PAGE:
The third snowstorm in a week is burying most of mainland Nova Scotia in heavy snow.
©Darrell Cole - TC Media
AMHERST, N.S. – Shubenacadie Sam is probably in the Witness Protection Program.
Two weeks after the furry prognosticator predicted an early spring, Nova Scotia is enduring its third snowstorm in a week.
We live in a spot where you get the warm waters of the Atlantic and the Gulf Stream and the cold air to the north. We’re right in that area where it’s a haven for these things to form and intensify rapidly. Bob Robichaud, Environment Canada
“He’s probably gone missing, or hiding in the woods,” Environment Canada meteorologist Bob Robichaud said Thursday. “I don’t expect he’ll be coming out anytime soon.”
Between 20 and 30 centimetres of snow was forecast to fall on most of the province during the day Thursday, including much of northern Nova Scotia and the Annapolis Valley.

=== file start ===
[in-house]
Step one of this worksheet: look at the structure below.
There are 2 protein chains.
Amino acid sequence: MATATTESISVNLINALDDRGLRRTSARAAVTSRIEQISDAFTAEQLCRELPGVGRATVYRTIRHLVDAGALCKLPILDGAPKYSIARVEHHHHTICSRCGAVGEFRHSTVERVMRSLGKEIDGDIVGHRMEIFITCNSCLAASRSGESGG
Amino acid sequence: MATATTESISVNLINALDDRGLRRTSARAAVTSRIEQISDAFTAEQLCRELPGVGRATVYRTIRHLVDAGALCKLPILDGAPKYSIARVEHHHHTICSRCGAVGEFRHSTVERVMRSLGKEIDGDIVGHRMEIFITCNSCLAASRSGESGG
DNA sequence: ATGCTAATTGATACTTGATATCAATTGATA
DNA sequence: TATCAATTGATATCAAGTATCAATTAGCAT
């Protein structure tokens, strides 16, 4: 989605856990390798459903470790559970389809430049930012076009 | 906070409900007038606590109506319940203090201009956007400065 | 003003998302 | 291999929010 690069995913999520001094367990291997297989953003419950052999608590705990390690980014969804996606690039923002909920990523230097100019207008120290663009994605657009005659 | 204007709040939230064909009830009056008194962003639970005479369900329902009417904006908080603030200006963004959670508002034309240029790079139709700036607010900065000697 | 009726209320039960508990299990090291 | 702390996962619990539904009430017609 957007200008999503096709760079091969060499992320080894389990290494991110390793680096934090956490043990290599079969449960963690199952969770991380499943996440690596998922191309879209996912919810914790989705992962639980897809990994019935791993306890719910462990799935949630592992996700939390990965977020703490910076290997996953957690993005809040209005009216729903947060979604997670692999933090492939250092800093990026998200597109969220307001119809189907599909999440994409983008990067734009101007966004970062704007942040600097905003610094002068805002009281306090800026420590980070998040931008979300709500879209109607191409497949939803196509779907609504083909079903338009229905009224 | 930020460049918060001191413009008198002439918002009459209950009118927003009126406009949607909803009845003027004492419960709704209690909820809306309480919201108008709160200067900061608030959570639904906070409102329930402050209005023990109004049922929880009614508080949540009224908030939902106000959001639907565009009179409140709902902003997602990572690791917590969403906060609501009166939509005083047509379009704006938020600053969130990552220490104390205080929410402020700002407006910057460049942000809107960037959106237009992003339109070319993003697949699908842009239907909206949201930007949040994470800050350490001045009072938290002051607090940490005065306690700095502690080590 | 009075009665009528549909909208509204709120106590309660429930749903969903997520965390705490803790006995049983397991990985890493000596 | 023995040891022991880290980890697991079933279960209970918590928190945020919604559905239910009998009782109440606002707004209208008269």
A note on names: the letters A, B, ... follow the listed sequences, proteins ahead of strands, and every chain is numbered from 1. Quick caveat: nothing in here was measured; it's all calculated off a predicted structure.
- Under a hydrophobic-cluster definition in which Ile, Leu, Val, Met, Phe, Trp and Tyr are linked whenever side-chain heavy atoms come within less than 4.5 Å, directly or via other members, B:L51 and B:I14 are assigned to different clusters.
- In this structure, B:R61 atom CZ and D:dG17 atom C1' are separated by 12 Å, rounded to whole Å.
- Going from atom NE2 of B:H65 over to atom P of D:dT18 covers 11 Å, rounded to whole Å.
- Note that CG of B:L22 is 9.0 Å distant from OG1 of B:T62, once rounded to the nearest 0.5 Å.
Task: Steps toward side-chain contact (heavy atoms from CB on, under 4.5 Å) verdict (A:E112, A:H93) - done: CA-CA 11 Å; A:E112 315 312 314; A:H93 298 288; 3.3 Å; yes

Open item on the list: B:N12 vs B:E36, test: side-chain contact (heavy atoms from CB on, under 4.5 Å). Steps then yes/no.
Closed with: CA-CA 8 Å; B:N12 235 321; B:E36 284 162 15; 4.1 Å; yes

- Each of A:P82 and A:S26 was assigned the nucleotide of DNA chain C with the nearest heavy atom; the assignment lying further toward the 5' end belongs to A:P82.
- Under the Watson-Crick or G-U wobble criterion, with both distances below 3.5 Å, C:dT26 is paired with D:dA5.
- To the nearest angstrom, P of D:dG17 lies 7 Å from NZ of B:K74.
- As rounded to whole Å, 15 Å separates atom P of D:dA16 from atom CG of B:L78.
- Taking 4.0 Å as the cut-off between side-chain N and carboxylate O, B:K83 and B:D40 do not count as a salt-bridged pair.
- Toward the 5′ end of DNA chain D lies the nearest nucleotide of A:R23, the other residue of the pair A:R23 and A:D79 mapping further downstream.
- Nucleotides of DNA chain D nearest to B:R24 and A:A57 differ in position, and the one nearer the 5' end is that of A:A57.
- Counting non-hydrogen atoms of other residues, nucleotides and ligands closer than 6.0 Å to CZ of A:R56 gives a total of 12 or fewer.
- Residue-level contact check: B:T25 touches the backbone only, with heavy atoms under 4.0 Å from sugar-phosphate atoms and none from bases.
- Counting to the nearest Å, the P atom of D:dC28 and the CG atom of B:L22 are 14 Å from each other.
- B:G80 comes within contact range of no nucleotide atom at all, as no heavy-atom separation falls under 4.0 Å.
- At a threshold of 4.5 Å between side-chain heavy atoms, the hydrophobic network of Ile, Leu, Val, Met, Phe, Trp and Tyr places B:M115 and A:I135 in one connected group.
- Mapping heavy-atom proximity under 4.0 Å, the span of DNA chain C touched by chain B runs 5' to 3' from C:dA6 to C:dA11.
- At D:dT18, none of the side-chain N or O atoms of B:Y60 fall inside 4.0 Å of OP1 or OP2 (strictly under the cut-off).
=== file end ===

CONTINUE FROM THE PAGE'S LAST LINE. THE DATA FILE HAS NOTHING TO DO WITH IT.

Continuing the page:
The latest storm comes just 72 hours after another weather bomb dumped between 40 and 60 centimetres on Monday and Tuesday.
While not as strong as the storm earlier this week, Robichaud said, winds are still powerful and could gust up to 80 km/h later today, creating hazardous conditions in blowing and drifting snow.
The storm has closed schools and government offices while many businesses chose not to open.
Robichaud said it’s not usual to have three storms in a week. What is different, is three storms successive storms classified as bombs in that the central pressure drops quickly. It’s these storms that are most severe with heavy snow and intense winds.
“We live in a spot where you get the warm waters of the Atlantic and the Gulf Stream and the cold air to the north. We’re right in that area where it’s a haven for these things to form and intensify rapidly,” he said.
The good news is, better weather is around the corner. Robichaud said most of the models are calling for calmer weather over the next week. There are a few systems expected to pass, but they won’t create much snow.
He is watching a system for late next week that’s expected to pass to the west of the region bringing with it rain and milder temperatures.